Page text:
Whilst there are statements of threat for each of the Cyber Risk Levels, there is no specific correlation between them and the Government Security Classification scheme.

In Stage 2 , the contracting authority decides upon the Cyber Risk Level for a particular contract and the supplier implements the appropriate Cyber Risk Profile as per the table below:

 

New Cyber Risk Level table

 

 

 

 

 

The list of additional measures required at each level can be seen in the documented Cyber Risk Profiles in the draft Defence Standard 05-138 Issue 1, dated 29 May 2015. This draft standard is currently out for review.

The controls in the Cyber Risk Profiles are the minimum that will be required. There may be occasions when additional controls will need to be implemented; in these circumstances anMOD Accreditor will work with the stakeholders.

Stage 3 is the submission of evidence by the contractor, and its review and acceptance (or otherwise) by the contracting authority. An on-line tool is being developed and this will allow companies to input their evidence so that it can be assessed and certification issued. The tool will also automate the Stage 1 process and map the tiers of the supply chain for contracts.

How will it affect me?

If your company supports MOD contracts, then you will be required to comply with the CSM – it is intended that it will be mandatory for all new defence contracts. Implementation of the CSM is currently planned for 2015/2016. There has not been a statement on whether the CSM will be applied to legacy systems, but it is believed to be unlikely. Importantly, the CSM will be applied to individual defence contracts; how that will work with companies that support multiple contracts has yet to be determined. Also, for companies that have List X status already, it is not yet clear what other evidence they will need to provide.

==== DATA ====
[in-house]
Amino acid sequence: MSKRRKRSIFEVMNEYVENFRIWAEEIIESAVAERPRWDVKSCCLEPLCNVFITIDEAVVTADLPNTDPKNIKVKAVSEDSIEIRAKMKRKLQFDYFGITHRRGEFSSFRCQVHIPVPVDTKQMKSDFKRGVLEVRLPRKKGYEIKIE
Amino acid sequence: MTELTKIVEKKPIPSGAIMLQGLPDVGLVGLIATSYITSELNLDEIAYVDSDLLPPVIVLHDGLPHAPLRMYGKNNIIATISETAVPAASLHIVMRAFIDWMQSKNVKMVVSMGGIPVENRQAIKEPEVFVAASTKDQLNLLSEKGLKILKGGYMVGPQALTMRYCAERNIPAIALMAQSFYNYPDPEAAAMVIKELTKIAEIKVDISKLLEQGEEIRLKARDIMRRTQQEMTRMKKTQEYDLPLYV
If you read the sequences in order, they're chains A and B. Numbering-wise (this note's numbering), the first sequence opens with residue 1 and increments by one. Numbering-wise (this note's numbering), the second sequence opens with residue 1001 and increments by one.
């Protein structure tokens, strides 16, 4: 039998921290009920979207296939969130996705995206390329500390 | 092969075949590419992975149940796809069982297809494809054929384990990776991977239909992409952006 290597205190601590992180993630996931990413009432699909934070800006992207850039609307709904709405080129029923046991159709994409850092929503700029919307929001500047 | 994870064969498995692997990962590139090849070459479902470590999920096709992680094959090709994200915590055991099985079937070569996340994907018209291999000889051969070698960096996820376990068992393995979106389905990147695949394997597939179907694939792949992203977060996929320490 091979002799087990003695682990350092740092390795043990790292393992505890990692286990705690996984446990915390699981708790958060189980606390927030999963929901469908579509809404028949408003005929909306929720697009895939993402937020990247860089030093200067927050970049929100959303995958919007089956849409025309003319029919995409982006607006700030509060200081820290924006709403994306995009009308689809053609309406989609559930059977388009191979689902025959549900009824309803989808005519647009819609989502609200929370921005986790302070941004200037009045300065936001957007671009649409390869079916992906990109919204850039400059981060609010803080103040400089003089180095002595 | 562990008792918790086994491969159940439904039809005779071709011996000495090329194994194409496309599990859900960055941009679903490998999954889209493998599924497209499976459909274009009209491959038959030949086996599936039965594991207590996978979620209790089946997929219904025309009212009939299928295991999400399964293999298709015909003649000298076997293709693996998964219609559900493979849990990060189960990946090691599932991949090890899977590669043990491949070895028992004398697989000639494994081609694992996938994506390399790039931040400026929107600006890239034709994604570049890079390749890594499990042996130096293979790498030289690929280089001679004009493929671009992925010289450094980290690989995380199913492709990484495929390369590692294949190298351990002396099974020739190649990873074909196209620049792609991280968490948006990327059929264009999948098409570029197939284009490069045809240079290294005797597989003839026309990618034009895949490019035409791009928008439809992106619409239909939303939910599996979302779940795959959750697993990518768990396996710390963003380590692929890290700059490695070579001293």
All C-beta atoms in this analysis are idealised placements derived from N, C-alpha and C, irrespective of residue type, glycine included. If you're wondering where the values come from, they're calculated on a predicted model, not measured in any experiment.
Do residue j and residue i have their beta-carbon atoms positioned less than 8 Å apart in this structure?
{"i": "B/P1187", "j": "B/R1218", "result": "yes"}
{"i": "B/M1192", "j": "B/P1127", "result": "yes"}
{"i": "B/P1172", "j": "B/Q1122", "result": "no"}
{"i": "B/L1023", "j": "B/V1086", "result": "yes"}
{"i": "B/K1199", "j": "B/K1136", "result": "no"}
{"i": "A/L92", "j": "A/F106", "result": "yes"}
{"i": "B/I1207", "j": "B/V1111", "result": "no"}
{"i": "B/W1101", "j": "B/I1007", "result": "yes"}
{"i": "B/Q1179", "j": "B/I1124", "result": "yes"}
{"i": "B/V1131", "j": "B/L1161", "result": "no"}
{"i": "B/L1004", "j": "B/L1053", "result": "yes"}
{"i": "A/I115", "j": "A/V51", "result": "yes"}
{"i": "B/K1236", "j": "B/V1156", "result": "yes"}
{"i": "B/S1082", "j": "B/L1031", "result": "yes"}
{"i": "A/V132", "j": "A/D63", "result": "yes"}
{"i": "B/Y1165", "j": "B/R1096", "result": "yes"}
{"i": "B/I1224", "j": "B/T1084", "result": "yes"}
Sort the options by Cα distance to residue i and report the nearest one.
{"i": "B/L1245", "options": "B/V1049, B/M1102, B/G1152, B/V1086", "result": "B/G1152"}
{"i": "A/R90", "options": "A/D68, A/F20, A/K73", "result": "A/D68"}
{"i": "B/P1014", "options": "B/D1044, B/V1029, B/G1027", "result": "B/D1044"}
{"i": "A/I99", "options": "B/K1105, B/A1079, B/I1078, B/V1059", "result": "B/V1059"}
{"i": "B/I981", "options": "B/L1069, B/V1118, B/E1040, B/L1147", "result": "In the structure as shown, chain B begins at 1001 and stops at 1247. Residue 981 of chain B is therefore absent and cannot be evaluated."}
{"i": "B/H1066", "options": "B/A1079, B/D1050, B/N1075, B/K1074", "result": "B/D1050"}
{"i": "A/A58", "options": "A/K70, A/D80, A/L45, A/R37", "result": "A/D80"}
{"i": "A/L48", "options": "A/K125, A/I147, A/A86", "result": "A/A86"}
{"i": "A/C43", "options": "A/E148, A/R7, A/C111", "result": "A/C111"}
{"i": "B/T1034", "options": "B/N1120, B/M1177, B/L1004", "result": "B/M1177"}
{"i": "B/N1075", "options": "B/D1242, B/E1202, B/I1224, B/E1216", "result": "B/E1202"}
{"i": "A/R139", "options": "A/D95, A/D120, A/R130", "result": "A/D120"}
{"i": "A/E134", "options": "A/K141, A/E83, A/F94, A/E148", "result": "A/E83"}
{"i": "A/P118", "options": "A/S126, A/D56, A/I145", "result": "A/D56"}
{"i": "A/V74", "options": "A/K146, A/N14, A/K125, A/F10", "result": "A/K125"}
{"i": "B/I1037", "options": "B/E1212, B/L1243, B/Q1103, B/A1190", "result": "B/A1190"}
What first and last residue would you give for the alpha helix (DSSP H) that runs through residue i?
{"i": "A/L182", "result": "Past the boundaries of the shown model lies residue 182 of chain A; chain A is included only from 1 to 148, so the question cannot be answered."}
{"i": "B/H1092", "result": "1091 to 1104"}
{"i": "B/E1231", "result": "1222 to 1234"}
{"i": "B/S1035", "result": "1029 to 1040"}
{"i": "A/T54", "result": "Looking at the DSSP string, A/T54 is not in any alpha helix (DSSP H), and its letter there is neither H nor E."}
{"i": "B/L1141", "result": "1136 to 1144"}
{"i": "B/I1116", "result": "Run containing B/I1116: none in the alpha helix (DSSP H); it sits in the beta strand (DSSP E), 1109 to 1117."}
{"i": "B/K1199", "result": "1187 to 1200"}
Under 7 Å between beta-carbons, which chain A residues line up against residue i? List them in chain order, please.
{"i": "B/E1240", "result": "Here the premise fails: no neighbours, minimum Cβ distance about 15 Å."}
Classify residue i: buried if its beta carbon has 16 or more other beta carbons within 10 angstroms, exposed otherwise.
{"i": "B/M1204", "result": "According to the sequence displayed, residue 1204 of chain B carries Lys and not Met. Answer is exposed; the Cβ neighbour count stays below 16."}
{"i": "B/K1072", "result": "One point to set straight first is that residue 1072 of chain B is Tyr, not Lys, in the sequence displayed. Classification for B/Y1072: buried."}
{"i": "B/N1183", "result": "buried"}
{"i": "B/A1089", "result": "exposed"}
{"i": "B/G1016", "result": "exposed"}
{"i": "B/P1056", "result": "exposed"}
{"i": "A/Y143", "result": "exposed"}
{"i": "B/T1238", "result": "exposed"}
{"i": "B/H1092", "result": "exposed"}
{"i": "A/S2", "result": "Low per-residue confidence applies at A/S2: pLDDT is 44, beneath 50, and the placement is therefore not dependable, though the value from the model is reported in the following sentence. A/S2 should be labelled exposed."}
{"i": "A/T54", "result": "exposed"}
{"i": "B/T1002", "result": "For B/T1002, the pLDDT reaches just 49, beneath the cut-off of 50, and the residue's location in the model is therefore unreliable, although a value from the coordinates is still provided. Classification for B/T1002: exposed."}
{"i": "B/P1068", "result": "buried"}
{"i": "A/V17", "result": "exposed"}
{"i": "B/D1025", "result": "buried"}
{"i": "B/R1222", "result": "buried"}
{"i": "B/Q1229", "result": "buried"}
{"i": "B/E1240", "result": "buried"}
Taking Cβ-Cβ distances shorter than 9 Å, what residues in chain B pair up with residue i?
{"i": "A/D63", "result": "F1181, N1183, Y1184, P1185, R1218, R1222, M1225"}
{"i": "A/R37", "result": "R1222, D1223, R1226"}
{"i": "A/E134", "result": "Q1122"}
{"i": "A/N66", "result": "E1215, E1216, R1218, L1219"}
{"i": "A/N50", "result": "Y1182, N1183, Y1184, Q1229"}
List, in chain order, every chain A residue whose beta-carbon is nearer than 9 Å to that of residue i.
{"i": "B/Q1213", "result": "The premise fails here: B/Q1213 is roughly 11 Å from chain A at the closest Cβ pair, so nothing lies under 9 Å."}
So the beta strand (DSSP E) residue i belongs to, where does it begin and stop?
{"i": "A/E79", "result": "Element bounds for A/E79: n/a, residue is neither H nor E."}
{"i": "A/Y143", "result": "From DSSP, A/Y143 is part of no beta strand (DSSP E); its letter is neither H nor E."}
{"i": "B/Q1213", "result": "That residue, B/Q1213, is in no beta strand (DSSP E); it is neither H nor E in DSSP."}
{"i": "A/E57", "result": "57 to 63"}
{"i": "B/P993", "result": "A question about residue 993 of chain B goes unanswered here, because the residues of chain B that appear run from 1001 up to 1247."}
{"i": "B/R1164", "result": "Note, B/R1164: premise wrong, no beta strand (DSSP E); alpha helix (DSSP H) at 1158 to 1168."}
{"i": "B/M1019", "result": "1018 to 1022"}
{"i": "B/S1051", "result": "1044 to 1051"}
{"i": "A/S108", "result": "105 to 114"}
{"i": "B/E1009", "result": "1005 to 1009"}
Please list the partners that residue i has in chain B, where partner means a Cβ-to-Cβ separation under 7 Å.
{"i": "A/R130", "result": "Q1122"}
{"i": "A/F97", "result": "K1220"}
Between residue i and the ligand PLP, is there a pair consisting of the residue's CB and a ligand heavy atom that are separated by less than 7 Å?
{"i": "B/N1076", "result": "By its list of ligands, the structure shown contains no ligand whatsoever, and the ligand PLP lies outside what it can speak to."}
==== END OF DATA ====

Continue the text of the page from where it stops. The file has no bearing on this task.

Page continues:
How do you achieve Cyber Essentials and what does it cost?

Full details of Cyber Essentials and Cyber Essentials Plus can be found in Ascentor’s Guide to Cyber Essentials. It’s available as a free download – please click the icon below.

Cyber Essentials certification is achievable through an official certifying body and costs £300. Ascentor was selected by IASME as the first licensed external assessors of its Cyber Essentials assessment process and can partner with your organisation to ensure you meet this security management standard.

There’s an additional advantage in achieving certification via Ascentor and IASME. When an organisationwith a turnover under £20 millionachieves self-assessed certification covering their whole organisation to the basic level of Cyber Essentials, they are automatically awarded Cyber Liability Insurance.

What next?

The Defence Cyber Protection Partnership has now announced it is expecting to launch CSM in April 2016. From January 1st it isrequesting that companies have at least Cyber Essentials in place.

At Ascentor we think that the CSM is a positive move. While it is a pity that the CSM is another standard that needs to be understood, interpreted and implemented, we strongly recommend that defence industry companies get ahead of the game by gaining certification to CE so they are ready to respond to the new contract requirements. We can help you achieve CE .

Follow the Ascentor blog and our Newsletter and we will keep you informed as CSM rollout commences.

We hope you found this article interesting and helpful. If you need any further guidance on CSMor any aspect of Cyber Securityplease contact Dave Jamesat Ascentor.

Email: [email protected]

Office: 01452 881712

Web: ascentor.co.uk


Other posts you might like:

IA Inside – building Information Assurance into the heart of your projects

The Demise of IS1 & 2 – Are Risk Assessments Really Worth the Effort?

IA, IASME, CREST – the Cyber Essentials alphabet soup explained